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Acute Air Pollution Exposure and the Risk of Violent Behavior in the United States

Berman, Jesse D.a; Burkhardt, Jesseb; Bayham, Judeb; Carter, Ellisonc; Wilson, Anderd

doi: 10.1097/EDE.0000000000001085
Air Pollution

Background: Violence is a leading cause of death and an important public health threat, particularly among adolescents and young adults. However, the environmental causes of violent behavior are not well understood. Emerging evidence suggests exposure to air pollution may be associated with aggressive or impulsive reactions in people.

Methods: We applied a two-stage hierarchical time-series model to estimate change in risk of violent and nonviolent criminal behavior associated with short-term air pollution in U.S. counties (2000–2013). We used daily monitoring data for ozone and fine particulate matter (PM2.5) from the Environmental Protection Agency and daily crime counts from the Federal Bureau of Investigation. We evaluated the exposure–response relation and assessed differences in risk by community characteristics of poverty, urbanicity, race, and age.

Results: Our analysis spans 301 counties in 34 states, representing 86.1 million people and 721,674 days. Each 10 µg/m3 change in daily PM2.5 was associated with a 1.17% (95% confidence interval [CI] = 0.90, 1.43) and a 10 ppb change in ozone with a 0.59% (95% CI = 0.41, 0.78) relative risk increase (RRI) for violent crime. However, we observed no risk increase for nonviolent property crime due to PM2.5 (RRI: 0.11%; 95% CI = −0.09, 0.31) or ozone (RRI: −0.05%; 95% CI = −0.22, 0.12). Our results were robust across all community types, except rural regions. Exposure–response curves indicated increased violent crime risk at concentrations below regulatory standards.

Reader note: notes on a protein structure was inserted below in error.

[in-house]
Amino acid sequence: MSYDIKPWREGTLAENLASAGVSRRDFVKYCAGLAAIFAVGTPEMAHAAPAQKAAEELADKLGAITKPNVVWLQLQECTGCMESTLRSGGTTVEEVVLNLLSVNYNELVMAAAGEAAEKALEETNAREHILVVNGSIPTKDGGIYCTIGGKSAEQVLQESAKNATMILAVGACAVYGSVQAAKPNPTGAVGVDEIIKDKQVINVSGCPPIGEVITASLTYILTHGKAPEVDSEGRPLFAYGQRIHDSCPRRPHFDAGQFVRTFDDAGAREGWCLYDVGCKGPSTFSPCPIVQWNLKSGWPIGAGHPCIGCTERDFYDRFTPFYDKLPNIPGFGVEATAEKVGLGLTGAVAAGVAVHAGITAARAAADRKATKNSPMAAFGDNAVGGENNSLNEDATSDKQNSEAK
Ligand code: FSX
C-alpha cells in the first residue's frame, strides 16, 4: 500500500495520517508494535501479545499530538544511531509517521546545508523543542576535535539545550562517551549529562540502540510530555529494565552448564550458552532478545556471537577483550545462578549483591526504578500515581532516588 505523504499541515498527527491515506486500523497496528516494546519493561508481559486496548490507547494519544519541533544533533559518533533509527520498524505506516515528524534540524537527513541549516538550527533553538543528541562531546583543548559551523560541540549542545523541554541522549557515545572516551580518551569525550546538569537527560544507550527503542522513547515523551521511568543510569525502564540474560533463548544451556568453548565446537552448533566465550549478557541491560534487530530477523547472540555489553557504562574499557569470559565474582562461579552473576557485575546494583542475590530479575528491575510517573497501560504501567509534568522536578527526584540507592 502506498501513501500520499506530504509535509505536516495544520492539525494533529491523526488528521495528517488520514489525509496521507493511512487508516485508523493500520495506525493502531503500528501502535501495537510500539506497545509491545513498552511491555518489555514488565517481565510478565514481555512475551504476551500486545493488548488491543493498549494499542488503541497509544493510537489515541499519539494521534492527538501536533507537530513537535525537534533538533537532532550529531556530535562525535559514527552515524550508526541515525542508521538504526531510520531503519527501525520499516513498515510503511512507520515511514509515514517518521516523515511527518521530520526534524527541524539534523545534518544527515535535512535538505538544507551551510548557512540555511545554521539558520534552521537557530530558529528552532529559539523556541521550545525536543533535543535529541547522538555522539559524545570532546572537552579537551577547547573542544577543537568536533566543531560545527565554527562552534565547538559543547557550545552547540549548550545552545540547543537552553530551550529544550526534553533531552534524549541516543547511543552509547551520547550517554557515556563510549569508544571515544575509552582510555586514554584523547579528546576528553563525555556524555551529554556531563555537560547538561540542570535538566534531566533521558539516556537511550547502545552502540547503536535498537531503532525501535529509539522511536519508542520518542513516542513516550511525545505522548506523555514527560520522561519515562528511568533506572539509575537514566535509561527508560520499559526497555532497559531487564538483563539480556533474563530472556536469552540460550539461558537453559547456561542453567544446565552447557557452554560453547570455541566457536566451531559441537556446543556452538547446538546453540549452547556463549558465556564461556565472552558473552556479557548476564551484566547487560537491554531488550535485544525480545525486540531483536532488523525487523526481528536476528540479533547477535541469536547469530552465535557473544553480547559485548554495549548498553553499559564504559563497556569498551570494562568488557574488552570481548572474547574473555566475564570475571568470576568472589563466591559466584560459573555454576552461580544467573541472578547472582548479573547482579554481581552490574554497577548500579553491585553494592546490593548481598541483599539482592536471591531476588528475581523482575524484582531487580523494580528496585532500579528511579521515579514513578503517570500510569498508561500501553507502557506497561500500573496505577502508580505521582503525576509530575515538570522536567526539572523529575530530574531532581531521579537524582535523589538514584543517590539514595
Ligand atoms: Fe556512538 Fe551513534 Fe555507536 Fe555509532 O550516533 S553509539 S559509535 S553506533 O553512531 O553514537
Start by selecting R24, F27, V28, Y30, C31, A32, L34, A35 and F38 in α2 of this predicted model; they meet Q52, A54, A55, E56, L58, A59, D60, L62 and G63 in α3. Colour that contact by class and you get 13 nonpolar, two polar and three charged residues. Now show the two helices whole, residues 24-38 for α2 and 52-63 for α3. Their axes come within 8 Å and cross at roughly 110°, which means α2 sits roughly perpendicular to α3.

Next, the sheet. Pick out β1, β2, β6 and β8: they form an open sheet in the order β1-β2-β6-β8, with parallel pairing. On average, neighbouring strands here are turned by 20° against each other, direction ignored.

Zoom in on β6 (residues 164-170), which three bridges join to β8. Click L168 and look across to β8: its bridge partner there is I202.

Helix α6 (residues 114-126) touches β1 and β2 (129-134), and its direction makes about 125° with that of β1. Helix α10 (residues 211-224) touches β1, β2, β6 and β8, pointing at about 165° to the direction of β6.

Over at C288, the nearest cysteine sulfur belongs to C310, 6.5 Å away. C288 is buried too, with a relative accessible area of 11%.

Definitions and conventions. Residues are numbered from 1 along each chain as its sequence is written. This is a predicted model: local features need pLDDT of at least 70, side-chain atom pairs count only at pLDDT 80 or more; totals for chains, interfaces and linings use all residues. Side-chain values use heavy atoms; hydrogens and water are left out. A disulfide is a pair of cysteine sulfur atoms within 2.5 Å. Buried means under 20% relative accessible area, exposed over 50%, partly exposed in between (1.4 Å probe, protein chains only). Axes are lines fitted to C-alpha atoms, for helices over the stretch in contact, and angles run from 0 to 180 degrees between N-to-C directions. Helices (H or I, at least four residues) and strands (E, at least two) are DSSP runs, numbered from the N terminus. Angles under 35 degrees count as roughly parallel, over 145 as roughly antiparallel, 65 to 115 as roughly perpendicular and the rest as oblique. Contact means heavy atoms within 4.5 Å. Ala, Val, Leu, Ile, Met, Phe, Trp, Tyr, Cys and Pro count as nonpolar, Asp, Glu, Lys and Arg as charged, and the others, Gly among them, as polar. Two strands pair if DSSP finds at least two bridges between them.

Conclusions: Our results suggest that short-term changes in ambient air pollution may be associated with a greater risk of violent behavior, regardless of community type.

From the aDivision of Environmental Health Sciences, University of Minnesota School of Public Health, Minneapolis, MN

bDepartment of Agricultural and Resource Economics, Colorado State University, Fort Collins, CO

cDepartment of Civil and Environmental Engineering, Colorado State University, Fort Collins, CO

dDepartment of Statistics, Colorado State University, Fort Collins, CO.

Submitted December 31, 2018; accepted July 28, 2019.

The authors report no conflicts of interest.

All crime data, air pollution data, weather data, and community variables are from publicly available online resources. Computing code will be made available upon request.

Supplemental digital content is available through direct URL citations in the HTML and PDF versions of this article (

Correspondence: Jesse D. Berman, Division of Environmental Health Sciences, University of Minnesota School of Public Health, 420 Delaware Street SE, Minneapolis, MN 55455. E-mail:

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